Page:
You can apply the filter as an exclusion or negation so the filter acts as a not or bang !. This way the filter will return results that do not have those values. Simply click the prohibition or no sign to set. The filter will get a red border when set to exclude. You may manually add an exclamation or bang ! to the input area before selecting your filter. For example, !_key=value.

Saving filters

You can save filters so they are applied every time you explore the same dashboards. To save, click the three-vertical dots icon and then click Save.
Save filters

A pop up window is shown where you need to provide the filter a name. This name is what you'll see in the Filter dropdown menu.
Save filter

We have named the filter "primary" in the above image. Once done click Save. When opening the view, you'll now see the primary filter as an option in the Filter menu.
Saved filters

Updating, deleting, saving filters as default

Saved filters can be applied as a default filter, edited, or deleted.

  • A default filter is applied every time you open the view.
  • The update option is available if you edit a saved filter.
  • A deleted filter is not recoverable.
Set default filter

Remove default filter

The default filter is displayed in the Filter dropdown menu with a Default label. Select the Remove default text link to clear your set default filter.
Remove default filter

Linking to entities

Use the link button to the right of the dashboard title to copy the link to your specific entity view in the dashboard. This is related to Stack Linking.
Link dashboards

You can create a URL to a specific entity.


https://<endpoint>/ui/#/explore/[@<startMs>,<endMs>]@topology=<topologyId>@<entityId>,<entityTypeId>,<entityName>[@<entityId>,<entityTypeId>,<entityName>][@filters@<negation>:<filterValue>[:<filter>],<negation2>:<filterValue2>[:<filter2>] ...]@selectedDashboardId@<dashboardId>


  • <endpoint> is your Sumo Logic service endpoint. See Sumo Logic Endpoints and Firewall Security for the endpoint URLs.
  • <entityKey> is the type of entity you want to explore, such as cluster, deployment, service, node, account, region, namespace, or pod.
  • <entityValue> is the value of the entity to explore.

Optional arguments:

  • <start> is the start of your dashboard time range in milliseconds since epoch.
  • <end> is the end of your dashboard time range in milliseconds since epoch.


  • <filterValue> is the value of a key you want to filter.
  • <filter> (optional) is the metadata key you want to apply as a filter to explore. You do not have to provide a filter, you may only provide a filterValue.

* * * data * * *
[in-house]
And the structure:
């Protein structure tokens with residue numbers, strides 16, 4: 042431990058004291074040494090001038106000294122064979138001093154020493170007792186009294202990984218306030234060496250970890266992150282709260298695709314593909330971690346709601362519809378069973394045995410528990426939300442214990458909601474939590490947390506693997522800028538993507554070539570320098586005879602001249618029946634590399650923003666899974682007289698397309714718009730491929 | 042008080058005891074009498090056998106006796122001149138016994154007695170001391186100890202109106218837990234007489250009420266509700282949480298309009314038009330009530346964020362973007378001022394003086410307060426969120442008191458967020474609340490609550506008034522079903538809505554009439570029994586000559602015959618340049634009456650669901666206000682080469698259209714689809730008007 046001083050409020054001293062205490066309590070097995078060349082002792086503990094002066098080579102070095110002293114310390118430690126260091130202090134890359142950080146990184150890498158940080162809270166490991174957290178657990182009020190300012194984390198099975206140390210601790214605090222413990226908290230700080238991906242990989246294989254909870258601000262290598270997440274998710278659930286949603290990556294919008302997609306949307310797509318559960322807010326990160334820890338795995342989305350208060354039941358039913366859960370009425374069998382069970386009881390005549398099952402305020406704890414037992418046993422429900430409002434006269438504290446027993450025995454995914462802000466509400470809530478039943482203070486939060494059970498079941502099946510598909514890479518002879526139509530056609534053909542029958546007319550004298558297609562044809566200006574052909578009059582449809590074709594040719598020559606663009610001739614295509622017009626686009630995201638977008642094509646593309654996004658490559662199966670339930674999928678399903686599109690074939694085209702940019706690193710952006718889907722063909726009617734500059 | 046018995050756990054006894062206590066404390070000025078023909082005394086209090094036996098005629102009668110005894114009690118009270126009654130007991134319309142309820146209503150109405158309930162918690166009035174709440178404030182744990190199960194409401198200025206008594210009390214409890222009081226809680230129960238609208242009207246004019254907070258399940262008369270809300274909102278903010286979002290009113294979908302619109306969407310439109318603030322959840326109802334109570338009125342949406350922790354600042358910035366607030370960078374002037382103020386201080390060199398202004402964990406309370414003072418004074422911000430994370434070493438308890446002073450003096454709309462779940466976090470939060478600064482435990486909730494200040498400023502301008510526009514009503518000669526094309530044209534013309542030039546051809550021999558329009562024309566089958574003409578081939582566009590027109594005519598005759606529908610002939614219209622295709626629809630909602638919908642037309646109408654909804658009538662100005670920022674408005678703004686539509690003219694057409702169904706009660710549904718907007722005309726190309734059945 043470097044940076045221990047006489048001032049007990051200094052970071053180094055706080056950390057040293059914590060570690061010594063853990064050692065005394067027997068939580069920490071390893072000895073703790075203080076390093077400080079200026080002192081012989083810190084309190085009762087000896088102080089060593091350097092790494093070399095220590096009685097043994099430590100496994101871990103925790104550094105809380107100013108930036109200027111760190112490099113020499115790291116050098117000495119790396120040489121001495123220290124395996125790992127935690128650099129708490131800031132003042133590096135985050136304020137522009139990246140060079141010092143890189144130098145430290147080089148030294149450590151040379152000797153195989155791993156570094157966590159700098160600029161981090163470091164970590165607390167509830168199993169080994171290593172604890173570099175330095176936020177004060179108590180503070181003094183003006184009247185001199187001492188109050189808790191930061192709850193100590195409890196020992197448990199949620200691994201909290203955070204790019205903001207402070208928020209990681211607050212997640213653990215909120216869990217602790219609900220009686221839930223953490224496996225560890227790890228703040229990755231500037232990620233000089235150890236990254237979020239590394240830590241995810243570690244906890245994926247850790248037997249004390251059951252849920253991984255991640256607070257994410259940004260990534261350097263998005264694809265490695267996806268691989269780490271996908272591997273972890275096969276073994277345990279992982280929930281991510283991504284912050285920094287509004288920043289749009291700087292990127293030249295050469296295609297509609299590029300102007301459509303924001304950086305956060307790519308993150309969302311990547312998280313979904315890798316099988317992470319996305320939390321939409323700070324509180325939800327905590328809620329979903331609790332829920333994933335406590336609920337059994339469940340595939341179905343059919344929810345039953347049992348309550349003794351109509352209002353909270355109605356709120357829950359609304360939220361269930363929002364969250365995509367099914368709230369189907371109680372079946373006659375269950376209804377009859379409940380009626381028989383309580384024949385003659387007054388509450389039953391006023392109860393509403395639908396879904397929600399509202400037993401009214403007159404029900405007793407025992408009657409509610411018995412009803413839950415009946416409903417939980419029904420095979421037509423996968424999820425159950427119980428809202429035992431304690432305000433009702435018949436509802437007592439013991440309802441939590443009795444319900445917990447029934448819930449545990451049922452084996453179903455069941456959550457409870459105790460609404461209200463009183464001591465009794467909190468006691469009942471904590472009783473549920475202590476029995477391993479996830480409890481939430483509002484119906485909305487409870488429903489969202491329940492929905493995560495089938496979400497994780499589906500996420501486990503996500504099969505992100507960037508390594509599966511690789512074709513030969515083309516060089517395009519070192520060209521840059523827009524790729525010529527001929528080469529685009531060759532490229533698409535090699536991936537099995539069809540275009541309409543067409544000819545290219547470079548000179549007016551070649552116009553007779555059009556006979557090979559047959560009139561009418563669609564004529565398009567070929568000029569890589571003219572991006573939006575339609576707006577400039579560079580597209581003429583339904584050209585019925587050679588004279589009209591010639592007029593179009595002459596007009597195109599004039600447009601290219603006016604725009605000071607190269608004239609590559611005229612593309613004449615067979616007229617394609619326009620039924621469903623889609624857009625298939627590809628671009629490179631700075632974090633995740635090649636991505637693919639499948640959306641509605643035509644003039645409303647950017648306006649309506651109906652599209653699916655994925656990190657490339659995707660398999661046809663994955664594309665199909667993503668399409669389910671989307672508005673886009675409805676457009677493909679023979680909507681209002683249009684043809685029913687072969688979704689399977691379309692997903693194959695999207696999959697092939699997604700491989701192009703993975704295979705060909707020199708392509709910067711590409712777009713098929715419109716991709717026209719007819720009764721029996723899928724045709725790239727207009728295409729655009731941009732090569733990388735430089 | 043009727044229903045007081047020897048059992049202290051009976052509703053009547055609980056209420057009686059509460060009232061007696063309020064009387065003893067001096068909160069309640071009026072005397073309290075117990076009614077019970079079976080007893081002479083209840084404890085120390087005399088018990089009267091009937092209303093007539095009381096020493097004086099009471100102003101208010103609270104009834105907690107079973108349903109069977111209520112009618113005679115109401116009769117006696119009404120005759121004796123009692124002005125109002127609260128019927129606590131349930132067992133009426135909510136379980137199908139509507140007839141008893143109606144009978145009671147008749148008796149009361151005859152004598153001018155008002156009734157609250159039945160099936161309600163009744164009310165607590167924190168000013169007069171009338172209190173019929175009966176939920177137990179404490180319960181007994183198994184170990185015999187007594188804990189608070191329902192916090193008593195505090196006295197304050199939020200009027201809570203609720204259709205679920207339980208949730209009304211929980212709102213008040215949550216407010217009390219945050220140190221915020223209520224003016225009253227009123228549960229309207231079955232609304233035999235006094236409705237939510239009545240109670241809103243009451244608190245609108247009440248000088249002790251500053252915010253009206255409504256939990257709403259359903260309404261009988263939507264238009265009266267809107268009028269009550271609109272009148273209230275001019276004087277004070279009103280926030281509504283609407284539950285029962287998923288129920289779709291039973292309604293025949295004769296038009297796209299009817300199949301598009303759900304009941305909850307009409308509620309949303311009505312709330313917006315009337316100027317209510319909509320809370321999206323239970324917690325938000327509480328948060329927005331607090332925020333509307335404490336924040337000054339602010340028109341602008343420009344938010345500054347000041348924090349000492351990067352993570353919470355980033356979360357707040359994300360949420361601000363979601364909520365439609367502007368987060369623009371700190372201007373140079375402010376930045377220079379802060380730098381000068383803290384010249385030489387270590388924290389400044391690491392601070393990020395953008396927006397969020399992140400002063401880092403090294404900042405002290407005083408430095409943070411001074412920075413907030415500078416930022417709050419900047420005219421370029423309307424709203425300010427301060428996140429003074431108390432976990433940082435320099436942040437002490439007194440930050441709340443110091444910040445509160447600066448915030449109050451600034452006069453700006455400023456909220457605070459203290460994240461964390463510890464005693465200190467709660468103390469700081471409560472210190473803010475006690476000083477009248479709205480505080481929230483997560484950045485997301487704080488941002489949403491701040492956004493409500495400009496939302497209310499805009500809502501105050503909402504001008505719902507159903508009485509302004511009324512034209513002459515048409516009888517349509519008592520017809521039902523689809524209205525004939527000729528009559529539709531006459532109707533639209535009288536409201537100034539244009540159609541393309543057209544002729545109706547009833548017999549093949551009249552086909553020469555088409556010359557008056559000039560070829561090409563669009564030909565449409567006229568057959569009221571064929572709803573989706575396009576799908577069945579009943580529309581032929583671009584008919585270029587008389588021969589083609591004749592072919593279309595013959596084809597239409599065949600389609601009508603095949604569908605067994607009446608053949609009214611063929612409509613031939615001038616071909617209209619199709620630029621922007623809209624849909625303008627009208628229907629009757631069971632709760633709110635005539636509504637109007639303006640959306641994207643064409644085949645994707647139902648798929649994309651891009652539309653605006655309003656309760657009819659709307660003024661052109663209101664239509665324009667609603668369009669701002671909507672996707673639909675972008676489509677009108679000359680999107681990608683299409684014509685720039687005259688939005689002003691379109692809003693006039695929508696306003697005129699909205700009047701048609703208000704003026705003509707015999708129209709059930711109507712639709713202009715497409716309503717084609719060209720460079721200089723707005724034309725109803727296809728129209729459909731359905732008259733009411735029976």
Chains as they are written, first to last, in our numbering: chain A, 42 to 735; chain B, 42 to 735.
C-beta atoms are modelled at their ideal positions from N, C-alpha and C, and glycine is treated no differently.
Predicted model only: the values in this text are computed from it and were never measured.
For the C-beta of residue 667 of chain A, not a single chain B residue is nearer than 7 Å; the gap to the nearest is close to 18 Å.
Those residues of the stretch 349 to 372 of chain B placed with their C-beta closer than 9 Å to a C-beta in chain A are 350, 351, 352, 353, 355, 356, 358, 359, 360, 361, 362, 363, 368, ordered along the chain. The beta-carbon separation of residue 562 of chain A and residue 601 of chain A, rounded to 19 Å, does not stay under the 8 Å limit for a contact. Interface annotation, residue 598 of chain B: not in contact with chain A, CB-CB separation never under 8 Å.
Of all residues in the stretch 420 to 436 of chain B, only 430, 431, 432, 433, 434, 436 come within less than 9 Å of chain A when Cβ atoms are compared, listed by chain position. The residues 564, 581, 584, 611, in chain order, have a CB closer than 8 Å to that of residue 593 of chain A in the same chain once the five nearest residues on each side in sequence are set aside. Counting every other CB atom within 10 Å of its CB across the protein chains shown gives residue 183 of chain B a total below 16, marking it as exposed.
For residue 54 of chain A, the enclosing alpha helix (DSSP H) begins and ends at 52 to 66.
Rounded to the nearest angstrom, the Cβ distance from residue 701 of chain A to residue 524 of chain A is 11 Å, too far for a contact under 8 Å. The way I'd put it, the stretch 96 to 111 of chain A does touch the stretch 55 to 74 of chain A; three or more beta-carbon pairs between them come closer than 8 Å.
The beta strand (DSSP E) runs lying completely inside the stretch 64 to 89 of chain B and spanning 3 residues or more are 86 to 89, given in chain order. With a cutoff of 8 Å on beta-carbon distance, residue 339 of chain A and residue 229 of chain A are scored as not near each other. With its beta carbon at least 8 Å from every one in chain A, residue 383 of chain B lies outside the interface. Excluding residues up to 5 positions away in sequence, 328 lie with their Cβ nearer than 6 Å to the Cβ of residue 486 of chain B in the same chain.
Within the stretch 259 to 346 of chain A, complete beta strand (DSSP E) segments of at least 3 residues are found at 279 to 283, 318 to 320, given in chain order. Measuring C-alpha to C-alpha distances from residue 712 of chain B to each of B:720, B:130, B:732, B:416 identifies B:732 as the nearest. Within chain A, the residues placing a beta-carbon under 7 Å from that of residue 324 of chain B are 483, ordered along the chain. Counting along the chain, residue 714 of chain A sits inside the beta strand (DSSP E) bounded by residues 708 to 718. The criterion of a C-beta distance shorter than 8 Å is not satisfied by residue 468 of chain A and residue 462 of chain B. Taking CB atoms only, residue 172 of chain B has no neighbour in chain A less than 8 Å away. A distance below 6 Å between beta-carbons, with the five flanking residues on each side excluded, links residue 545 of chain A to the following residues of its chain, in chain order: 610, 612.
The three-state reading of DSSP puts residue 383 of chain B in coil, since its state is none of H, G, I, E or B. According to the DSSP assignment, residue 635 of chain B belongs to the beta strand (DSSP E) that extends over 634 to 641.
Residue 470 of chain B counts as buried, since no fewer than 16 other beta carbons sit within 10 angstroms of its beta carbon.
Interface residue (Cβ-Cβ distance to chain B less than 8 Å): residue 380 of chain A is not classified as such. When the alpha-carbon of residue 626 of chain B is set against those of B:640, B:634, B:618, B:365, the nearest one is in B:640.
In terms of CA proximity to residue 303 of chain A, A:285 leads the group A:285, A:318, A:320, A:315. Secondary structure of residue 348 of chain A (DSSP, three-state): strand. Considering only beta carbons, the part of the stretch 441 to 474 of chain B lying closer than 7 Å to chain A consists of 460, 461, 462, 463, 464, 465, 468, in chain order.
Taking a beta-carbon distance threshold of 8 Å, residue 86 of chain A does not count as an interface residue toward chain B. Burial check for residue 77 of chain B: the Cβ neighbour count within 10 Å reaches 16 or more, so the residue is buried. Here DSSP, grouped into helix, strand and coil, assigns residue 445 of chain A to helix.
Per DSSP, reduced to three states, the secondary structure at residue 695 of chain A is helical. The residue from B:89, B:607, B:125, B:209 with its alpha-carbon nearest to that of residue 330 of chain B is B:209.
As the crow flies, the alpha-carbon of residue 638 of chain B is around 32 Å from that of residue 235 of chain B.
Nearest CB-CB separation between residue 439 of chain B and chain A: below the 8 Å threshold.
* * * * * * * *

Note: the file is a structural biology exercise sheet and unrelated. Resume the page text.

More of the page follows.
• <negation> set as 0 to apply your filters or 1 to treat the filters as an exclusion. Think of using 1 as using a not or ! bang, so the filter will return results that do not have those values. This is an example:


  • <dashboardId> is the unique identifier of the dashboard.


Let’s create a URL to open on the primary-eks cluster, kube-system namespace, and metrics-server service.

The custom URL that launches this log query in the Sumo Logic Search page would be similar to the following. The exact URL would depend on your Sumo Logic account endpoint, as listed in Sumo Logic Endpoints and Firewall Security.

Using milliseconds as this time range: 09/26/2020 to 09/29/2020 10:33:10.282 AM GMT-04:00 DST,1601389990282@cluster=primary-eks@namespace=kube-system@service=metrics-server


Navigation capabilities allow you to quickly locate the object that needs debugging in a physical stack. This section walks you through a high-level troubleshooting scenario to illustrate the possibilities.

micro lesson

Step 1: Analyzing the cluster

We suspect there's a problem with a Kubernetes cluster but aren't sure where, so we start by analyzing the Cluster Overview dashboard. Everything that is running on the cluster is shown on this dashboard. The Terminated and Waiting by Namespace panel allows us to easily comprehend the failure states the namespaces are in. Here we can easily see if there are configuration issues or overall administration issues that need to be addressed.
Cluster overview

Step 2: Exploring a namespace

To further pinpoint the problem with our cluster, we investigated the namespace by selecting kube-system in the navigation panel and switching to the Namespace Overview dashboard. This dashboard provides information on pods running in the deployment, failed pods, errors, CPU and memory usage, file system usage, terminated and waiting pods and containers. In this example, we're focusing on the CPU and memory usage panels of the dashboard in our attempt to find out where our application is running into problems.
Namespace overview

Step 3: Drilling down into a pod

Once we've determined which pod is having problems, we can drill down into the pod for more granular data. For example, you can select the Details icon for a panel to view that data in a search. Or, you can review the actual logs in the Log Stream panel.
Pod drilldown